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PSU bench power supply Answered

My PSU appears to have blown up over the christmas holidays- it was a bit unreliable before, but now it won't boot up my computer at all. I replaced it with a spare from work which works fine, so I now have a not-working 400W PSU I'd like to make a bench power supply from, that will hopefully kick-start my desire to get into microcontroller programming. Does anyone know what the chances are that a broken PSU (no sign of magic smoke, it just doesn't power my computer any more) will still be working enough to use as a DC power supply? If it is, the 'Ibles sometimes disagree- what is the accepted way of keeping it turned on (short a pair of wires, attach a resistor across a pair etc)? It's a 20-pin connector with square 4-pin aux and the usual complement of molex.


its very often capacitors. open it and look for capacitors with blown top or that look bad in another way replace them with same value capacitors (for the larger capacitors on the output you can use larger capacitors too) dont mess with it (keep it for spare parts) if there is anything burned on the high volt side (before the txformers) or in the control system (the small components around the chip in the low voltage side) if it won't start at all and there are no visible burned components inside (ie its safe to plug in) you usually can still get 5 V 1 A from it (the 5 V stand by entry) to power on the supply connect the green wire to black the 5 V stand by output is allways on as long as the supply is plugged in. its + on violet and - on black this is ok for most 5 V circuits (like micro controllers) and great to replace most 6 V (and sometimes 4.5 V) wall txformers (it can be >2 X more efficient and wastes less electricity) some manufacturers substitute wires with wires of other but close color. the wires next to the green from 3 sides are red and 2 blacks. the violet wire is next to the yellow wire after you fix the supply let it run few hours without load and then with load ad see if voltages are correct and stable if its only bad capacitors on the secondary (and no overheat signs etc) you have good chance that the capacitors are all the problem. if you replace them the supply might be appropriate for computer again. i use mostly such supplies with replaced capacitors in my computers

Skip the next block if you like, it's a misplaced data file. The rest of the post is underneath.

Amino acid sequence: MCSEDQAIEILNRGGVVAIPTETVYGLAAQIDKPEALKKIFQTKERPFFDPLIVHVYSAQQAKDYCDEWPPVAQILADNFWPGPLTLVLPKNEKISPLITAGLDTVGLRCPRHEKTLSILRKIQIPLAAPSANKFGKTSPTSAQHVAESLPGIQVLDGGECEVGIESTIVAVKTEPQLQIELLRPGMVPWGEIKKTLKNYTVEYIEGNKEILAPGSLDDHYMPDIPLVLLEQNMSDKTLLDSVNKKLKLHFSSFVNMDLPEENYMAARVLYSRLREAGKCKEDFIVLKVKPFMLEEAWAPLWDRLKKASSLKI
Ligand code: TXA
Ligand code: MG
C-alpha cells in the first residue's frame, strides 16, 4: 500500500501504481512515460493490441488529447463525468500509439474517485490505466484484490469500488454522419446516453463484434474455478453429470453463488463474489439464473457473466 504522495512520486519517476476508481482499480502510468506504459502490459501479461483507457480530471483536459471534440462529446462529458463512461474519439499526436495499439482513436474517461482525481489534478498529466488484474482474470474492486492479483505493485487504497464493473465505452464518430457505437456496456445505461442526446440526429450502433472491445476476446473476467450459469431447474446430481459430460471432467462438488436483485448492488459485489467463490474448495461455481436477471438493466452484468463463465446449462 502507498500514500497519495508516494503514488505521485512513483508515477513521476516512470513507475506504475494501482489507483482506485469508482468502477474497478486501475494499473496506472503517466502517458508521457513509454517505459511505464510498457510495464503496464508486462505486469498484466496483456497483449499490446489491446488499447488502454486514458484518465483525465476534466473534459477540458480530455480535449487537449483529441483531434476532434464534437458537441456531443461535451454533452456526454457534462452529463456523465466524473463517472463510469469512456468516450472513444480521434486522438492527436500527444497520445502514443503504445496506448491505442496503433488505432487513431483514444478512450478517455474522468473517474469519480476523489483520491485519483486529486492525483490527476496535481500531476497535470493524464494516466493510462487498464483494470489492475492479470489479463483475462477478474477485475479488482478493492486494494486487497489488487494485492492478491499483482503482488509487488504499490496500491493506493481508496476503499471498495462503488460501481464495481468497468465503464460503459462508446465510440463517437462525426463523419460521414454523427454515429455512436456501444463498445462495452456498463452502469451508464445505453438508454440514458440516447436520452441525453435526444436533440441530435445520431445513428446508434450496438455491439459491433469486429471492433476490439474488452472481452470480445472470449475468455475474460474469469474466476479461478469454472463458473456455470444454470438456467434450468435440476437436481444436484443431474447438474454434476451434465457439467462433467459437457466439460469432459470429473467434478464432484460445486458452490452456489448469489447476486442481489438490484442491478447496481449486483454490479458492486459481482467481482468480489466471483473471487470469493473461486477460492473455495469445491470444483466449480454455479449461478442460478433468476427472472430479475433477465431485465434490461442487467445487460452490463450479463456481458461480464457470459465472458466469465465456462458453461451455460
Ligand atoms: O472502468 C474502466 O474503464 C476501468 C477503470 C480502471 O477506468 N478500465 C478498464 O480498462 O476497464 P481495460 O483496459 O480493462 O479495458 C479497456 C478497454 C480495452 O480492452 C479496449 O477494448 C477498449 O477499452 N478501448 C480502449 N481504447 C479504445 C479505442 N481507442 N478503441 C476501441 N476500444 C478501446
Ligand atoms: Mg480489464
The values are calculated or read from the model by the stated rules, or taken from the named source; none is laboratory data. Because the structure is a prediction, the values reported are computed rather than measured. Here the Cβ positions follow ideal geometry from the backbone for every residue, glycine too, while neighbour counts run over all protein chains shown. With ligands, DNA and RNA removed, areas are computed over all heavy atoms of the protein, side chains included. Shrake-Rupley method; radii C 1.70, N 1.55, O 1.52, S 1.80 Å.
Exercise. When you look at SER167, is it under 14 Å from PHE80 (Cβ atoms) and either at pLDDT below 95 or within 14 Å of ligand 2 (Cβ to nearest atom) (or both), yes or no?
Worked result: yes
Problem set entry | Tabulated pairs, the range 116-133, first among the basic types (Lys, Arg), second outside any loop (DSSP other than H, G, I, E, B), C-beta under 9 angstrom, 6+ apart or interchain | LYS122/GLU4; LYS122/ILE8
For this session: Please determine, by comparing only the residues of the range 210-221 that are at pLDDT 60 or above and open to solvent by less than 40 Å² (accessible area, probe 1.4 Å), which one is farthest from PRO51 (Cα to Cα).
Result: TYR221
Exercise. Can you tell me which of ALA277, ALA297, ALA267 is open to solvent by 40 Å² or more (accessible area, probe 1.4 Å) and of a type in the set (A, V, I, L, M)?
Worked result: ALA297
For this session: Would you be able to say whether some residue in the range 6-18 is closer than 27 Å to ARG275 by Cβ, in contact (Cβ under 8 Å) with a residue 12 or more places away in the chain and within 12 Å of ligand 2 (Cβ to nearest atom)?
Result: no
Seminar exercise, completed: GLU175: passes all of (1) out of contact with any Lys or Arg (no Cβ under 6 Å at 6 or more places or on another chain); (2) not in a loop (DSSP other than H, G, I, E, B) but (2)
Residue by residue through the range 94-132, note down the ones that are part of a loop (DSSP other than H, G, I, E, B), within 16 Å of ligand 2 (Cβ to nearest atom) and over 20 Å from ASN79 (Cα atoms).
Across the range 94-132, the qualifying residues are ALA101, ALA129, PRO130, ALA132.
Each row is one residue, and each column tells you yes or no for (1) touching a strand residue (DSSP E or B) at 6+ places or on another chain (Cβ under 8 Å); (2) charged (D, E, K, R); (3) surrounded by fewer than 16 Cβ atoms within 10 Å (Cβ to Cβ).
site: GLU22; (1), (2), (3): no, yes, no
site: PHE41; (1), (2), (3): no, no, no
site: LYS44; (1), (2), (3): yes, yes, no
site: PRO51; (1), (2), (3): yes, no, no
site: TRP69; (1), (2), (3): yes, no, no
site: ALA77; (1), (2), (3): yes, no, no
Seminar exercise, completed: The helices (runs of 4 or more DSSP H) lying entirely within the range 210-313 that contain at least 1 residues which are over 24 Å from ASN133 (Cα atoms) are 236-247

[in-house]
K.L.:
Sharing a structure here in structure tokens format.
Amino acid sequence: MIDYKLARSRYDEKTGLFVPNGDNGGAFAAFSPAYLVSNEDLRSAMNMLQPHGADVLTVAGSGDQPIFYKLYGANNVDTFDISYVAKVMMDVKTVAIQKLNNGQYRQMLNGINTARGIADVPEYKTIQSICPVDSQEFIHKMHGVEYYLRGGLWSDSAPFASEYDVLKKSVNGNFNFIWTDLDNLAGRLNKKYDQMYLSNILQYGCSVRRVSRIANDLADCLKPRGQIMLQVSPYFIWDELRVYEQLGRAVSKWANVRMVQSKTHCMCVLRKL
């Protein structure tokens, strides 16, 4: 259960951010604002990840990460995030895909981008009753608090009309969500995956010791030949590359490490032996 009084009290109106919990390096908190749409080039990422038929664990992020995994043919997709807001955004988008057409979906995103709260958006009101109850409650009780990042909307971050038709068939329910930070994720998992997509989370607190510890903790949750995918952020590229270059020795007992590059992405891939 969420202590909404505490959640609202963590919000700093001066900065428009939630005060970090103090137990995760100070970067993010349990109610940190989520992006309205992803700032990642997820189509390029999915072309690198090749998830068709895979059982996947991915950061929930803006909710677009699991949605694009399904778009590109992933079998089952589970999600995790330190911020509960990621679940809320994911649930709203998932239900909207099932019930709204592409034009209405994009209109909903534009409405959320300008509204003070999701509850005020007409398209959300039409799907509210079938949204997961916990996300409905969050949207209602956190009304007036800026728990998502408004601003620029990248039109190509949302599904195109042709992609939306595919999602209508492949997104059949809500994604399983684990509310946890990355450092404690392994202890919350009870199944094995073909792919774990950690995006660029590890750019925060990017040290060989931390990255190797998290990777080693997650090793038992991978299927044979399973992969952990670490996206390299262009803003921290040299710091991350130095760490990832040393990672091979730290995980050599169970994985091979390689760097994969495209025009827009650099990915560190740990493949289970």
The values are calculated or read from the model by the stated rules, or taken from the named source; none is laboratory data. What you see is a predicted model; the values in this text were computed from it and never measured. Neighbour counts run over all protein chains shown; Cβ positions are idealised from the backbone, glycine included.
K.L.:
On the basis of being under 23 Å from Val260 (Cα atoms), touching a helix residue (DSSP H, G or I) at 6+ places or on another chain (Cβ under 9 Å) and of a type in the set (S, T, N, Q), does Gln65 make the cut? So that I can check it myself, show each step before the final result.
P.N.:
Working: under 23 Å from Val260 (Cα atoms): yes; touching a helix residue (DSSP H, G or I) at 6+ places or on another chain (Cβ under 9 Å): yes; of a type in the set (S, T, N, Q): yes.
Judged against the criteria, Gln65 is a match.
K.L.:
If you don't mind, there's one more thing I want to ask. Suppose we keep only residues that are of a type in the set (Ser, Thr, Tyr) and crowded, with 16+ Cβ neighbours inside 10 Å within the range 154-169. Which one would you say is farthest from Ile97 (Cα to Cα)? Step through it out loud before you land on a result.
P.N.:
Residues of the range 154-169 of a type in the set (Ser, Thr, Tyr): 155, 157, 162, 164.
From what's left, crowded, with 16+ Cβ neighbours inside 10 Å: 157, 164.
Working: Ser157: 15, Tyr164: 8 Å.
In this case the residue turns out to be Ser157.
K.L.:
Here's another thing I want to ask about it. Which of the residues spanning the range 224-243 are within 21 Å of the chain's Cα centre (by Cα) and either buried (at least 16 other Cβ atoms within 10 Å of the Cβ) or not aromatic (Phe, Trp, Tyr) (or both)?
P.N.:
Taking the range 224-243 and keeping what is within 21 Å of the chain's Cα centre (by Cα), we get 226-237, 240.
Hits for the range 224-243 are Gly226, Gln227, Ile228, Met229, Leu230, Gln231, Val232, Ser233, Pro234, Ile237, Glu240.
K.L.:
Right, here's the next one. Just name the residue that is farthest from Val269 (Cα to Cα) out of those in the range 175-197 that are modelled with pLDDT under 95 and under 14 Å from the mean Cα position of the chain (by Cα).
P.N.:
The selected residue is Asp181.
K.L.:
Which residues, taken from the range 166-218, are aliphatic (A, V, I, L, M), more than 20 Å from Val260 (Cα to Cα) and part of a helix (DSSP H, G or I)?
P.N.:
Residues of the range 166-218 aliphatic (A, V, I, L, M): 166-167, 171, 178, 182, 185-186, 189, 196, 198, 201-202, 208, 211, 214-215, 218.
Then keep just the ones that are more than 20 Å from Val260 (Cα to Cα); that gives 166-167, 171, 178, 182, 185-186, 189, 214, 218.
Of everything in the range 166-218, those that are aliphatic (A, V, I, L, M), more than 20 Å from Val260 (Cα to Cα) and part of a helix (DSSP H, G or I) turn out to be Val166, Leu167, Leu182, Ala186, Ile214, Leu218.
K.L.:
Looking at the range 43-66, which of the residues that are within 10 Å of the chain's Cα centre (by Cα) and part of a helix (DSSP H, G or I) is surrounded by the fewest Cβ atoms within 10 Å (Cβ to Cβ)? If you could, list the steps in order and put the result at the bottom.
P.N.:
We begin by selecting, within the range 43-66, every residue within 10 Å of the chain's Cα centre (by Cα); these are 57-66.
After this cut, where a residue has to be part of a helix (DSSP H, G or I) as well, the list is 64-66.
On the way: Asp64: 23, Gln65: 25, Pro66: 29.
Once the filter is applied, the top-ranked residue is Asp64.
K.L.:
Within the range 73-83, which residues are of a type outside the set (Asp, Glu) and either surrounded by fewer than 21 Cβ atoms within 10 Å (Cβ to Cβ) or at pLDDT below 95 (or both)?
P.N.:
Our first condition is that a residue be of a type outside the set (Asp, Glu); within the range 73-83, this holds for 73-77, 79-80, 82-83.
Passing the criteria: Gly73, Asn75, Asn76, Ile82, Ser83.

Also power transistors can fail and are easily replaced. Common issue on many things, driver modules for the lights in monitors often can be revived.

Somewhere it is discussed that a computer power supply is a switching power supply. That means is needs some kind of controller circuitry or something to keep it turned on. You'll have to look it up. Good luck.